Development process

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Note: This guide is aimed at people who work for PostHog. If you want to contribute, see our Contributing Guide.

Any process is a balance between speed and control. If we have a long process that requires extensive QA and 10 approvals, we will never make mistakes because we will never release anything.

However, if we have no checks in place, we will release quickly but everything will be broken.

1. How to decide what to build

There are 3 places that work comes from.

  • Issues/bugs (raised by the community or us)
  • Roadmap
  • "This should be better"

2. Sizing a task

When picking up a task, it should be doable in a day, including code review and QA. If it's not, you need to break it down into smaller chunks until it is. Tasks of this size are easy to test, easy to deploy, less likely to cause merge conflicts, and should still deliver some kind of value.

Even if you're contributing, this is helpful as it means you'll be able to contribute to PostHog faster.

3. Writing code

We're big fans of Test Driven Development (TDD). We've tried to create test infrastructure that helps you rather than annoys you. If that isn't the case, please raise an issue! Keeping tests on point is a high priority to keep developer productivity high.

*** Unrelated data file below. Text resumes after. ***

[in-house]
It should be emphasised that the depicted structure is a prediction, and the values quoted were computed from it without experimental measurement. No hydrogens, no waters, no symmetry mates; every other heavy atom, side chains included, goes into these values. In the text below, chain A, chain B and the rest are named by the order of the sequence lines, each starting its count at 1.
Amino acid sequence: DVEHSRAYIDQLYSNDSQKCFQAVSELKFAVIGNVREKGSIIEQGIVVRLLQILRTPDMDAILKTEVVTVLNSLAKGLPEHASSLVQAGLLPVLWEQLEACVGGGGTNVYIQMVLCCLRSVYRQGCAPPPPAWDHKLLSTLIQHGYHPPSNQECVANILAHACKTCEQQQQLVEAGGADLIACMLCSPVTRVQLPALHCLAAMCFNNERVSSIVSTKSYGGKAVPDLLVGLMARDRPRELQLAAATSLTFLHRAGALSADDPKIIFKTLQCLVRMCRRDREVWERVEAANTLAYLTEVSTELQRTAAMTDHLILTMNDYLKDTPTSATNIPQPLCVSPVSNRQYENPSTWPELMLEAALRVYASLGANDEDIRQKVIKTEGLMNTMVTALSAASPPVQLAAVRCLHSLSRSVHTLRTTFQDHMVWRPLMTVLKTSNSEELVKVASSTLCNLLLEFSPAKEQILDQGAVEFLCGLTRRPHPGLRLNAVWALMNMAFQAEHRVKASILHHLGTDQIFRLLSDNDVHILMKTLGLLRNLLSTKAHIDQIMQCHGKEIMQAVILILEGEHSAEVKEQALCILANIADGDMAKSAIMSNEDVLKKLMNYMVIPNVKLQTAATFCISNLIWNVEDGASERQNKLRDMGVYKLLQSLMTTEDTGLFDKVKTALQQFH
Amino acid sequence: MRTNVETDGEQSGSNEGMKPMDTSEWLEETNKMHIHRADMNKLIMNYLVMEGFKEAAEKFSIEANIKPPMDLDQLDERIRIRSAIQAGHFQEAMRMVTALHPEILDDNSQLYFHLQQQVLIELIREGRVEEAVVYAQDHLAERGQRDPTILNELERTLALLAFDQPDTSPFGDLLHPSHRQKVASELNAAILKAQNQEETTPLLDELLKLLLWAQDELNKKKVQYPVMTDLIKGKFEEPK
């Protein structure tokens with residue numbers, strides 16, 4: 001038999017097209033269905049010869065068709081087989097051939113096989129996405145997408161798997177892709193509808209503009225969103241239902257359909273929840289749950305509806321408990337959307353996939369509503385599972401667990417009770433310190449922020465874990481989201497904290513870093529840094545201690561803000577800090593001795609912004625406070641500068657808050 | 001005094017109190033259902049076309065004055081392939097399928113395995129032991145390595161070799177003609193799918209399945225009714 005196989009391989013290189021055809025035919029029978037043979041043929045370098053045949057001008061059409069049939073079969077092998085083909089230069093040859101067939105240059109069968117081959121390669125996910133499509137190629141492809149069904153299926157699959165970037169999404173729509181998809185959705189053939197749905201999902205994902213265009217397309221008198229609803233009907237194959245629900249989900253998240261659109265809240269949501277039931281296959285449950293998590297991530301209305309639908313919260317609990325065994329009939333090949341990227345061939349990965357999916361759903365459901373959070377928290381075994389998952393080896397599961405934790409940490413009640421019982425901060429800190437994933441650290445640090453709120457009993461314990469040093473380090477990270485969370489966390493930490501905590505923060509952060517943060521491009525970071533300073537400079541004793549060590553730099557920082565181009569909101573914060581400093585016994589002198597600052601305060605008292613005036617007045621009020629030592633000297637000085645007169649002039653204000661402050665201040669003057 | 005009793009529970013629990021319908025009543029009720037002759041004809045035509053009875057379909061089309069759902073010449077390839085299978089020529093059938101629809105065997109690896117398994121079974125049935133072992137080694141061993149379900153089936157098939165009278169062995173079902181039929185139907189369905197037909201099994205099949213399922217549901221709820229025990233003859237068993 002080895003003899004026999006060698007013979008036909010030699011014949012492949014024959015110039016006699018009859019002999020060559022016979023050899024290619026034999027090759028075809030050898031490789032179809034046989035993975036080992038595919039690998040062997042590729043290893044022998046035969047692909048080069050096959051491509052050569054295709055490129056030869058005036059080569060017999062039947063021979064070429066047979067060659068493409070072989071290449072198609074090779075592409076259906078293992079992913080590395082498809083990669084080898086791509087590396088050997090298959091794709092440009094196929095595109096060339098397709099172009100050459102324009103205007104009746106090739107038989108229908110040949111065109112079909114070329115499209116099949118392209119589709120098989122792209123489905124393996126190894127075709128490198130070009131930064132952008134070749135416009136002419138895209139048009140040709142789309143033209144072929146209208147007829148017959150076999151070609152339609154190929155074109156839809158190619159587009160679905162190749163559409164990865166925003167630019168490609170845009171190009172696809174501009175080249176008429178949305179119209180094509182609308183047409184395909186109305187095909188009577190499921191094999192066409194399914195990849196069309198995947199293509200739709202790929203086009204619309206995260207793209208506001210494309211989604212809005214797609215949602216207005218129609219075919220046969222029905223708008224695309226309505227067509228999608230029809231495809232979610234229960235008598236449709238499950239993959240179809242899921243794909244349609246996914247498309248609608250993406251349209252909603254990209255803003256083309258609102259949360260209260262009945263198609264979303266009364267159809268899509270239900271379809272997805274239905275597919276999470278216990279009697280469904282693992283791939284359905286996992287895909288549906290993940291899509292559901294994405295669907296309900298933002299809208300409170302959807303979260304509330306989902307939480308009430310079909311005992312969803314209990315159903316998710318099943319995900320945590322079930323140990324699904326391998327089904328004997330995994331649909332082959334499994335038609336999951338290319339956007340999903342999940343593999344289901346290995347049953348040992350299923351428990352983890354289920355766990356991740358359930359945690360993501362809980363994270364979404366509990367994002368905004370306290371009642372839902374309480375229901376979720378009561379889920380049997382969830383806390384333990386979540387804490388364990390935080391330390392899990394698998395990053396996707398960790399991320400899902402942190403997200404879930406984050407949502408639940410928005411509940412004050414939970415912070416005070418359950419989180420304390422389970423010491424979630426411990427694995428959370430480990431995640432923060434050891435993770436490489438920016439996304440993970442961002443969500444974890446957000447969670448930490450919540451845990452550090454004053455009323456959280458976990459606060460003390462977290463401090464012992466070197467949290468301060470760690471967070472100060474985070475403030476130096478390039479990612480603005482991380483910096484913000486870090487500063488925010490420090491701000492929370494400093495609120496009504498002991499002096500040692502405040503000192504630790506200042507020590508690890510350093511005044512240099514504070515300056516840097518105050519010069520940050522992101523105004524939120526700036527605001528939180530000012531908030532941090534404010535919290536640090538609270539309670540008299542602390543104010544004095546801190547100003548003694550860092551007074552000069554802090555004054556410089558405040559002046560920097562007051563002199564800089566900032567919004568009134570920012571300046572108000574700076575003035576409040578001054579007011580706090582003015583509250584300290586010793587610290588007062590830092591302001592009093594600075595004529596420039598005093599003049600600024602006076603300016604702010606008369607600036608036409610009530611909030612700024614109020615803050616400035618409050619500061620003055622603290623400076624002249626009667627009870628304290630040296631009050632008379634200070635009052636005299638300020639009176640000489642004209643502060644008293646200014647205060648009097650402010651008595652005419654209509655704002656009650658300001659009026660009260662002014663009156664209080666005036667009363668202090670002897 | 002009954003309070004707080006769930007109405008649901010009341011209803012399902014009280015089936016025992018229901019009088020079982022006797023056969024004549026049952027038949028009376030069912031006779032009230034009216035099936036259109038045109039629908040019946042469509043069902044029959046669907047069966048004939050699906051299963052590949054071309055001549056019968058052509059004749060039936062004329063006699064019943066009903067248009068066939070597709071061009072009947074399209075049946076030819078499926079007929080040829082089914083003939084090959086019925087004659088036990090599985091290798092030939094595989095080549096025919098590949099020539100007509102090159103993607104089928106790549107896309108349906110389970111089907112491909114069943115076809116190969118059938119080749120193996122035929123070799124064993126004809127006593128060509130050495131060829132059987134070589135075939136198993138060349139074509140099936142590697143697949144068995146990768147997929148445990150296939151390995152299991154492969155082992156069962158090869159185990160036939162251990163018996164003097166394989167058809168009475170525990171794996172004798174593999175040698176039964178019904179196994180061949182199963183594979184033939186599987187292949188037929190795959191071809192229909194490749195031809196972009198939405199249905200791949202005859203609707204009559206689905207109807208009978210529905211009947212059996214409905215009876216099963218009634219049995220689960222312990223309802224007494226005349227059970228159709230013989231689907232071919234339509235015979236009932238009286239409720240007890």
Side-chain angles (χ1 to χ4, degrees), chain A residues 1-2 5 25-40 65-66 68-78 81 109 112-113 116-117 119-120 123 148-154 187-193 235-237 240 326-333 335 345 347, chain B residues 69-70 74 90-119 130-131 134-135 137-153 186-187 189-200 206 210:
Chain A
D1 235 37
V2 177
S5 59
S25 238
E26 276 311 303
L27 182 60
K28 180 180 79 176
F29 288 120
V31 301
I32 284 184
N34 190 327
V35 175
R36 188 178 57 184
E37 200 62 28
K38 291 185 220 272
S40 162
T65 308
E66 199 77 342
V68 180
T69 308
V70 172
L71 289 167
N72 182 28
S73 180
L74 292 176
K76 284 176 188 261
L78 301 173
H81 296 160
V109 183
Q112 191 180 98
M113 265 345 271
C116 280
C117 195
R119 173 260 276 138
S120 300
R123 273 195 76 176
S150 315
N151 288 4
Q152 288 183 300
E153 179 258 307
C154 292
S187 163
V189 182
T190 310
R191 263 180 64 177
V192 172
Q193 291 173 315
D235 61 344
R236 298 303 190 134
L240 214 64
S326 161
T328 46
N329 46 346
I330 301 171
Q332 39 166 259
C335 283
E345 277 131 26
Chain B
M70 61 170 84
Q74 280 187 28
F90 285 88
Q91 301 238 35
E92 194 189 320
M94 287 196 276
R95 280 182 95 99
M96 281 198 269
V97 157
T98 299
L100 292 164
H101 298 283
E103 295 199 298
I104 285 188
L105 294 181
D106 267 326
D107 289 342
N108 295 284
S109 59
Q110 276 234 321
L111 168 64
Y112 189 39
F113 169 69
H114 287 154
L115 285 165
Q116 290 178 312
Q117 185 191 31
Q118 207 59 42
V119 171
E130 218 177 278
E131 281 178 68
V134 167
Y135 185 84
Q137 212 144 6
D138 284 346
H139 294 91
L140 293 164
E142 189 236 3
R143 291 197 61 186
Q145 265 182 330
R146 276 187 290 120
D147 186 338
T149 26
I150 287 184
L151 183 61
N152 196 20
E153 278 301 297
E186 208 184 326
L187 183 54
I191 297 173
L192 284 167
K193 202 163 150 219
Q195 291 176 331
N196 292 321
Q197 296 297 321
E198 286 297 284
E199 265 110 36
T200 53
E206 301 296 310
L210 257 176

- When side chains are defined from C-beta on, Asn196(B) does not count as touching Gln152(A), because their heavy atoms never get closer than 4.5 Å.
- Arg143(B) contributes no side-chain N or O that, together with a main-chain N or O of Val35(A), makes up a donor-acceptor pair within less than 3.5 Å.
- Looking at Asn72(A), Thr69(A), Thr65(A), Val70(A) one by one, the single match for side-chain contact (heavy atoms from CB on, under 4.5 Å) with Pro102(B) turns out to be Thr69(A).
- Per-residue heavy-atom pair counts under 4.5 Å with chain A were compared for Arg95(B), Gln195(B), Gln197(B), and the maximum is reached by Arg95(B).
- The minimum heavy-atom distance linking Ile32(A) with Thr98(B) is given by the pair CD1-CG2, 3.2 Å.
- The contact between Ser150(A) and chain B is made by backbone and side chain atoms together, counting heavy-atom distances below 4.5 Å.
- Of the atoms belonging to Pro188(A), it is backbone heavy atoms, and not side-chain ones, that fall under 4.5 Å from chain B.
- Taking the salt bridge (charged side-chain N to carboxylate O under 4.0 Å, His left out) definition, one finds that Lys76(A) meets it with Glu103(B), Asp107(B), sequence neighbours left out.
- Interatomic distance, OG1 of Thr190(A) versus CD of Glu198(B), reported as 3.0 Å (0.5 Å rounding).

Other than that, you know what to do in this section.

4. Creating a PR

To make sure our issues are linked correctly to the PRs, you can tag the issue in your commit.

git commit -m "Closes #289 add posthog logo to website"

5. Code review

When we review a PR, we'll look at the following things:

  • Does the PR actually solve the issue?
  • Does the solution make sense?
  • Will the code perform with millions of events/users/actions?
  • Are there tests and do they test the right things?
  • Are there any security flaws?

Things we do not care about during review:

  • Syntax. If we're arguing about syntax, that means we should install a code formatter

See: How we review.

6. Merging

Merge anytime. Friday afternoon? Merge.

Our testing, reviewing and building process should be good enough that we're comfortable merging any time.

7. Documenting

If you built it, please document it. You're in the best position to do this, and it forces you to think things through from a user perspective.

How to test

See: How to test.

How we review

See: How we review.

How to release a new version

See: Release new version.